English novelist William Thackeray, who wrote about many relevant social issues we face today, is having his 200th birthday celebrated. Works of his life can now be seen at the Harold B. Lee Library.The library is displaying an exhibit of his works through the end of July in the L. Tom Perry Special Collections foyer and reference room.
Russell C. Taylor, supervisor of reference services and department chair of Special Collections, said the books were first purchased in the 1960s by a bookseller from San Francisco named David Magee.
“We have one of the finest Victorian collections,” Taylor said.
The library contains many collections of antiques and artifacts that are put on display.
Jessica Drollette, a history major, played an important part in bringing about the Thackeray exhibit.
“They have a huge collection of him,” Drollette said. “There are different vaults that BYU has and there is a whole section of the vault dedicated to just Victorian things.”
Thackeray wrote satirical novels and many were a commentary of social behavior based on his own observations and experiences. One of the works considered to be the best among scholars is “Vanity Fair,” which is on display at the library.
Albert Winkler, one of the HBLL librarians, said “Vanity Fair” is considered to be one of the finest books in the English language.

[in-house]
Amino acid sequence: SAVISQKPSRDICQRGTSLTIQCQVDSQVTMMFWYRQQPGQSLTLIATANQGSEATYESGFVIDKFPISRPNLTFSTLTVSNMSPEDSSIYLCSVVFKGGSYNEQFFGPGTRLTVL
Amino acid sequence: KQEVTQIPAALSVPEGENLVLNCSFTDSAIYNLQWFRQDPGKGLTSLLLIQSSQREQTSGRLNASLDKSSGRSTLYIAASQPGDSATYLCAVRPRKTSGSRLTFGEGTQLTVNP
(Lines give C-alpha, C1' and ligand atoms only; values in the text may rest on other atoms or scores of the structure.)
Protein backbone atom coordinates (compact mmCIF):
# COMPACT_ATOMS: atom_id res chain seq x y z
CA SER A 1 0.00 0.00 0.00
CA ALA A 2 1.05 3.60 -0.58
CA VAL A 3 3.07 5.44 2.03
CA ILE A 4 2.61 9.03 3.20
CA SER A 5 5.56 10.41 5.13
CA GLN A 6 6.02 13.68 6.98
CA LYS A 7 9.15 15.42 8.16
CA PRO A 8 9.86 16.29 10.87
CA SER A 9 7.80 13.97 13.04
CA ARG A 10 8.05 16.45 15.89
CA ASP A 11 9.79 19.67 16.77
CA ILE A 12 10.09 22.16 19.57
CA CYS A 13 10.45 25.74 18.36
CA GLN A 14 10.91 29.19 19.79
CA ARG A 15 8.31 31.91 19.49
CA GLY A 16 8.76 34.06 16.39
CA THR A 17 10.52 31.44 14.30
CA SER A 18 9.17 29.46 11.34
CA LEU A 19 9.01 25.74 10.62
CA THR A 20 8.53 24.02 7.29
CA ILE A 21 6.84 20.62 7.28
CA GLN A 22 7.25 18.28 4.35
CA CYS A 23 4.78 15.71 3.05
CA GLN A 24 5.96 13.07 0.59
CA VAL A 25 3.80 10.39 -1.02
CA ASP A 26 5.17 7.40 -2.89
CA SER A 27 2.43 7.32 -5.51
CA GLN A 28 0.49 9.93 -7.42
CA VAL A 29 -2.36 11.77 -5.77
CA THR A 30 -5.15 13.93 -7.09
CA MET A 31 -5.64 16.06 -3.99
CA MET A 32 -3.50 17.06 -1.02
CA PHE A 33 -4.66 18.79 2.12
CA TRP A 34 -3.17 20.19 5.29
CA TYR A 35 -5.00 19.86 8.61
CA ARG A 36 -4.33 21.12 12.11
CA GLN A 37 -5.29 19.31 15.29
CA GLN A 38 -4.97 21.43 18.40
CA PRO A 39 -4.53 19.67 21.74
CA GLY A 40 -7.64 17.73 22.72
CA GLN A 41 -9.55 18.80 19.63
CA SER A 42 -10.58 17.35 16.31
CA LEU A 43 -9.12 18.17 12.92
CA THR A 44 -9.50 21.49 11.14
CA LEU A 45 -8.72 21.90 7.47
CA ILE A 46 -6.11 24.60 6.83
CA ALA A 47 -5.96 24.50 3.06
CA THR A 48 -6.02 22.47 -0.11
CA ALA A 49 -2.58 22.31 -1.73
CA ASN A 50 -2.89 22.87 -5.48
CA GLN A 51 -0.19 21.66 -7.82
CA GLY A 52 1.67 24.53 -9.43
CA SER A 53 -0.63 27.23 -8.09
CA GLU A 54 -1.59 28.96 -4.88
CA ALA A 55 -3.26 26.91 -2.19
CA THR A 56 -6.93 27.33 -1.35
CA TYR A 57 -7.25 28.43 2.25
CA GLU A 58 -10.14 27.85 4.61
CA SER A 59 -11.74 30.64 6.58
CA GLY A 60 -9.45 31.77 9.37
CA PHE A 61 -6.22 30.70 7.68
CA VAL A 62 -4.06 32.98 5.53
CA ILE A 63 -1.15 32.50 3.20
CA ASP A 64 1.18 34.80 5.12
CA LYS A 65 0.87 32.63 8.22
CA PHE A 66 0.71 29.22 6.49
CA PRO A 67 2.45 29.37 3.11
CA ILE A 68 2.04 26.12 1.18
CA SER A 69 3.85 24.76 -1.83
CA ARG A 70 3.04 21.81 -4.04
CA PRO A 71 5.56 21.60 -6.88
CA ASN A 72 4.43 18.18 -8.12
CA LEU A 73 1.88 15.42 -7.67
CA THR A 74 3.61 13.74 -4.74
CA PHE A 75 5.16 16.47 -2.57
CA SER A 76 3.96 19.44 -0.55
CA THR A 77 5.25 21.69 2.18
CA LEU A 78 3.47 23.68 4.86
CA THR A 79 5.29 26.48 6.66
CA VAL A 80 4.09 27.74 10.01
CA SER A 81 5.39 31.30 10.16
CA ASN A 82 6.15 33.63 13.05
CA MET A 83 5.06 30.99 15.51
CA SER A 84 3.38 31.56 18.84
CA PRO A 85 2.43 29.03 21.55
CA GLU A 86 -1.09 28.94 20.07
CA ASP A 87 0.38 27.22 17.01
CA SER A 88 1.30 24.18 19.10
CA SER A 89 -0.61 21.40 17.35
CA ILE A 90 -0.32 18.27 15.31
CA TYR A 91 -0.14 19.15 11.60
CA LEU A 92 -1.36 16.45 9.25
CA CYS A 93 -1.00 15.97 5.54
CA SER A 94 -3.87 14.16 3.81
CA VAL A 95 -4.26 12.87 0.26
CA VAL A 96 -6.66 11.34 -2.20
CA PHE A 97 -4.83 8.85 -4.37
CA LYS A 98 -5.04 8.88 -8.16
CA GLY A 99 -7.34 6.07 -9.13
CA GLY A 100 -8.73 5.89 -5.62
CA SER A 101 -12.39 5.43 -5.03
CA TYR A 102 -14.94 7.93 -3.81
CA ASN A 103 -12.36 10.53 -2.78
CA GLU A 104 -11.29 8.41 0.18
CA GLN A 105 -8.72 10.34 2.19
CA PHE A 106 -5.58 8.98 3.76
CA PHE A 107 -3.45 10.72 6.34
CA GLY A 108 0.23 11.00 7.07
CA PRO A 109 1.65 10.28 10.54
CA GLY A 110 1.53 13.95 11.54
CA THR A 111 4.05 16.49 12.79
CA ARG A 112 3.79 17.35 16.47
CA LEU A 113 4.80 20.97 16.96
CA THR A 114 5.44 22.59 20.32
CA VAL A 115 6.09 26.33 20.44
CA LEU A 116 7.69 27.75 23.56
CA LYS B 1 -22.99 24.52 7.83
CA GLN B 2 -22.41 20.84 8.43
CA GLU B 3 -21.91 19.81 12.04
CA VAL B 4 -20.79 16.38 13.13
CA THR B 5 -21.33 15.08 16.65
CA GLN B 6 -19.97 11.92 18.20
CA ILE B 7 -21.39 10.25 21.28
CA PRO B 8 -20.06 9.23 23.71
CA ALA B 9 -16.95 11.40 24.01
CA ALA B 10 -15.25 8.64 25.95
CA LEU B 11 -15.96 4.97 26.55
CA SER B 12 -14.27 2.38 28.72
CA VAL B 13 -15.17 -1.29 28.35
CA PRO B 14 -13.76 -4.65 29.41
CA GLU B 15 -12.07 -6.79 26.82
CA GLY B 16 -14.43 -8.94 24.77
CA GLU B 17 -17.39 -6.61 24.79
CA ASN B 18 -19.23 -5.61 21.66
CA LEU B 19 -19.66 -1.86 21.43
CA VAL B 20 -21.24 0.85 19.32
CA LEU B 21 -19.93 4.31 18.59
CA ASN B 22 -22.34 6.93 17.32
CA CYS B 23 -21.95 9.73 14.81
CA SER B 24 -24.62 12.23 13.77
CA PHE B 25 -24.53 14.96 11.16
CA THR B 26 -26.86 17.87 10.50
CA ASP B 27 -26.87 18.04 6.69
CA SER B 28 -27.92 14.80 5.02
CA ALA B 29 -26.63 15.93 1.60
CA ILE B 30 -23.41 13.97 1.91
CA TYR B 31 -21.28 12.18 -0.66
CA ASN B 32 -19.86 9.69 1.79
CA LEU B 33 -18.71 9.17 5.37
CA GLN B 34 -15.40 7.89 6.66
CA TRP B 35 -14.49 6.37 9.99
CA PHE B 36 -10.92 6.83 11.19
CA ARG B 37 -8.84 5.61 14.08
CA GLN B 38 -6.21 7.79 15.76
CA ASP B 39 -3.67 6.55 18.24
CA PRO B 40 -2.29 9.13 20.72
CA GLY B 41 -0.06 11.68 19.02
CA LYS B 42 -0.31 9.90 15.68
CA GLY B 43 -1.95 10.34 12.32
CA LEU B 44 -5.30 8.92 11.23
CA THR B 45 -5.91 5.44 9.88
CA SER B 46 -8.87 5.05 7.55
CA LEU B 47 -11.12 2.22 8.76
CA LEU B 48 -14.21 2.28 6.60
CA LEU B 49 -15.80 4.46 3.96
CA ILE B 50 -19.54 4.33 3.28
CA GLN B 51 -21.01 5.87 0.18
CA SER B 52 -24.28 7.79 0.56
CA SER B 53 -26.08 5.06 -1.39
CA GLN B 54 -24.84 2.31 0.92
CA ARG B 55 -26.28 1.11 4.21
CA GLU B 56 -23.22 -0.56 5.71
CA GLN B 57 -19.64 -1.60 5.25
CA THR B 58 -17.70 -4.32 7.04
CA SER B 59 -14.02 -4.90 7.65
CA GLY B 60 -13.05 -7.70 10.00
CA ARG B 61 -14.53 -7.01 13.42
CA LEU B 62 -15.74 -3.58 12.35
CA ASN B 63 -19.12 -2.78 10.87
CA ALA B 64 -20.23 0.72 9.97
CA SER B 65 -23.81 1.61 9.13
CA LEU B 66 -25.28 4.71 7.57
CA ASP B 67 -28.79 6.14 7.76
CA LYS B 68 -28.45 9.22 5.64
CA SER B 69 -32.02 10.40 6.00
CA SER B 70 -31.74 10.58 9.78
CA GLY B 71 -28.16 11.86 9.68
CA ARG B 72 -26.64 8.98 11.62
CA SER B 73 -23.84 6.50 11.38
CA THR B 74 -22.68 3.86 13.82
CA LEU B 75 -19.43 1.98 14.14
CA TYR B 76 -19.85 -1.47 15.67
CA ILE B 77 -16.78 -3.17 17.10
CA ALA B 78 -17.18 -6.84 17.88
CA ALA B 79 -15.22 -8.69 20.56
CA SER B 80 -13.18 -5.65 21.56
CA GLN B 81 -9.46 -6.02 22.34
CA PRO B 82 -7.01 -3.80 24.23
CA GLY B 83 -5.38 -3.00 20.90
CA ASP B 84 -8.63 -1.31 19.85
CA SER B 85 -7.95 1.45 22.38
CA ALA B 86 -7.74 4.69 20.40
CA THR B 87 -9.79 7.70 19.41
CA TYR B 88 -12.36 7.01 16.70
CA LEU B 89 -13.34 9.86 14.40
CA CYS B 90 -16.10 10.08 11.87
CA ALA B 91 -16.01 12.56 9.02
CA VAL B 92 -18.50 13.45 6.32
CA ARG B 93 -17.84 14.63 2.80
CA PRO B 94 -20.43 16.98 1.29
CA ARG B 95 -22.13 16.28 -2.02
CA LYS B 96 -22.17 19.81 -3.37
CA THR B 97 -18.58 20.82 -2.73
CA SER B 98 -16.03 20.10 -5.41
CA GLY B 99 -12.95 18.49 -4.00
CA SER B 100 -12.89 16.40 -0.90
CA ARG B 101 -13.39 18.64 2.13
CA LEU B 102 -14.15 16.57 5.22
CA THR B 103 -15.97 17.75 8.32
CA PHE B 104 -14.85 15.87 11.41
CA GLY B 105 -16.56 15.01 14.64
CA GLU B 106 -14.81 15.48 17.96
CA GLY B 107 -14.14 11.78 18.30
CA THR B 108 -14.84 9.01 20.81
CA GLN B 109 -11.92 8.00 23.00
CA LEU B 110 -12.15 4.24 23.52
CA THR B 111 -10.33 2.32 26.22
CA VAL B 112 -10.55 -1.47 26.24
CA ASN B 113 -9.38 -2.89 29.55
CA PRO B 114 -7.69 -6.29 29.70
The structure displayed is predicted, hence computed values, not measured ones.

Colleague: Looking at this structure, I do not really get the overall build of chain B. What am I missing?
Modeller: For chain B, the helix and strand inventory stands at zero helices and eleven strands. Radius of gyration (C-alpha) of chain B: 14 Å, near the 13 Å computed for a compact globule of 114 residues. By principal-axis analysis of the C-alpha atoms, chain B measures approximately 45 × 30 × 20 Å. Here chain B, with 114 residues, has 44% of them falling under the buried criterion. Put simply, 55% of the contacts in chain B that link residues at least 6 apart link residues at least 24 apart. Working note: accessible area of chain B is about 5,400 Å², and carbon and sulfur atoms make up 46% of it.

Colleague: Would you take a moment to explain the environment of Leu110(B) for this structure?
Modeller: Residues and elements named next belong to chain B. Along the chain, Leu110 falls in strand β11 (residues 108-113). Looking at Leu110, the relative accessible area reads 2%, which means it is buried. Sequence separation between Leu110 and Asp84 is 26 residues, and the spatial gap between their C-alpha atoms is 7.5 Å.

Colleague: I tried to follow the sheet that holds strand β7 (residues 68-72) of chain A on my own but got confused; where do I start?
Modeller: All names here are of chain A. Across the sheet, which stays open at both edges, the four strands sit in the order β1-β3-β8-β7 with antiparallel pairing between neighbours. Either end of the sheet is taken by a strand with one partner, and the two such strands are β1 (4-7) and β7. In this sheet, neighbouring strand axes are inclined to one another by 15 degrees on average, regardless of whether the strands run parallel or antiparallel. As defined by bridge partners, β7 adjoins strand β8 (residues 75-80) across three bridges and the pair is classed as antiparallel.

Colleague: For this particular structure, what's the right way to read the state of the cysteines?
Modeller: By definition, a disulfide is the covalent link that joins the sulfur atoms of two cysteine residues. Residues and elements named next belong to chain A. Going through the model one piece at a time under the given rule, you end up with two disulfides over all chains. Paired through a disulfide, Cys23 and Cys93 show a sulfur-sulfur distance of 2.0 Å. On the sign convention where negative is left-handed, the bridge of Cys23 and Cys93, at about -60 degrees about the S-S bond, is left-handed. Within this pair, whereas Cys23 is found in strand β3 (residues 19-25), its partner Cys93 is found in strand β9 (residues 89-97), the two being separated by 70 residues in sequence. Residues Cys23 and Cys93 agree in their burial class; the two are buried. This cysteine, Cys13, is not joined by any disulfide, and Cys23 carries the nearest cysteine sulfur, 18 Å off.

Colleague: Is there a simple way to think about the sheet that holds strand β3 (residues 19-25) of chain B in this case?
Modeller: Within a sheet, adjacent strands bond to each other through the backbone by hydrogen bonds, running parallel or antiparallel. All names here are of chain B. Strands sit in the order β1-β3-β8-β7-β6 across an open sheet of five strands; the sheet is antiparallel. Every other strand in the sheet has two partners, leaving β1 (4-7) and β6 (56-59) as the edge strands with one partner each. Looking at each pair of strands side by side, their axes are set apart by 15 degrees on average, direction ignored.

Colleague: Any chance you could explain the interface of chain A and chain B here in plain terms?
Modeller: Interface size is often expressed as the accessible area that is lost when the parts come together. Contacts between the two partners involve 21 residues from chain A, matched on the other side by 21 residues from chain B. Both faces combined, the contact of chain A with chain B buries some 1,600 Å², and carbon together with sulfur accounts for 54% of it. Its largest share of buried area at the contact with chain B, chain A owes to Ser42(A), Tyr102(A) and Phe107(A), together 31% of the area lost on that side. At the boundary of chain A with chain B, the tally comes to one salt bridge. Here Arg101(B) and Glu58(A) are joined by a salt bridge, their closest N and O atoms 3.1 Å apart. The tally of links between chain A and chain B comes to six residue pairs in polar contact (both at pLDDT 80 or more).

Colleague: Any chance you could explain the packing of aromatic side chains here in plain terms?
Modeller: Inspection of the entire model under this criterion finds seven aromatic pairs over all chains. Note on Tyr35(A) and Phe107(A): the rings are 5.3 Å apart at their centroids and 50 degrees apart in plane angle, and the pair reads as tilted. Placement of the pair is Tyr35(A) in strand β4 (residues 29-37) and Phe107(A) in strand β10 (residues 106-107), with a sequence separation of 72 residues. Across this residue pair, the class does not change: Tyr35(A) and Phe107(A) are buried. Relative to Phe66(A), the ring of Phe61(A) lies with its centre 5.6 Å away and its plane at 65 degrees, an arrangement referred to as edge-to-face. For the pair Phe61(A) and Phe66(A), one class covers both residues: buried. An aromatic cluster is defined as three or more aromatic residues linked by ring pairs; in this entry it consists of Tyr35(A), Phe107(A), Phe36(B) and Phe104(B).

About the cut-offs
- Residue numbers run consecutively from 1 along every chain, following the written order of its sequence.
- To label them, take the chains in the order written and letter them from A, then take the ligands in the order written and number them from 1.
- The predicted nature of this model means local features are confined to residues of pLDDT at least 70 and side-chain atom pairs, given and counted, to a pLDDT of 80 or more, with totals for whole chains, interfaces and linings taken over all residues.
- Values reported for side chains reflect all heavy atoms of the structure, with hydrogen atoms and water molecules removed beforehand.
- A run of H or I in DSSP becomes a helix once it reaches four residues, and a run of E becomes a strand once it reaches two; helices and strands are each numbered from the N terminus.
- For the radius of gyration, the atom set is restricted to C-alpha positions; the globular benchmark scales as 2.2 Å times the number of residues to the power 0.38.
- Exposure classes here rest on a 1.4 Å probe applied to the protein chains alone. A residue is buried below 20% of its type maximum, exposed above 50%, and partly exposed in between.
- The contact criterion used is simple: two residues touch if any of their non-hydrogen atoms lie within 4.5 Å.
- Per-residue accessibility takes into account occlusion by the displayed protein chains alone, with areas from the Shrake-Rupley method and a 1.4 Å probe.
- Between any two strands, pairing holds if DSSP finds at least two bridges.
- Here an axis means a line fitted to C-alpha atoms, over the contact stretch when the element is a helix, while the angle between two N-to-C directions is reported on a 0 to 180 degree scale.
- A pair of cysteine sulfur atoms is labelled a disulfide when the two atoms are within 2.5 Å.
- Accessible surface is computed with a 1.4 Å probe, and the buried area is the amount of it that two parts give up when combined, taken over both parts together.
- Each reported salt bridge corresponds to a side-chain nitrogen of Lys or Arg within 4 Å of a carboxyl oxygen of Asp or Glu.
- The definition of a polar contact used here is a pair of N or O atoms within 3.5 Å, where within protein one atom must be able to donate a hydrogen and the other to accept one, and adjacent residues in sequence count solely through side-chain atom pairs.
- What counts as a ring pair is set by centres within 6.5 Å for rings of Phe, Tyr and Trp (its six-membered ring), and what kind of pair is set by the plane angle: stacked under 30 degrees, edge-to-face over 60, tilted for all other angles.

Drollette chose to showcase the Thackery exhibit because of Thackery’s association with another Victorian writer, Charles Dickens.
“He was a famous author, he was friends with Charles Dickens and they rivaled each other even though they had a friendship,” Drollette said. “They broke it off for a while, but then they came back together in the end. ”
Drollette said BYU students and other visitors can learn from Thackeray and his experiences. She said Thackeray’s life had hardships from his father dying to his wife losing her mind. However, she believes he was able to cope with tragedy.
“He was an optimist and he was able to be that because of his sense of humor,” Drollette said.
Drollette said Thackeray overcame his challenges through his writing.
“When he hit rock bottom is when he started writing about anything and everything,” Drollette said. “Then it just went up from there.”
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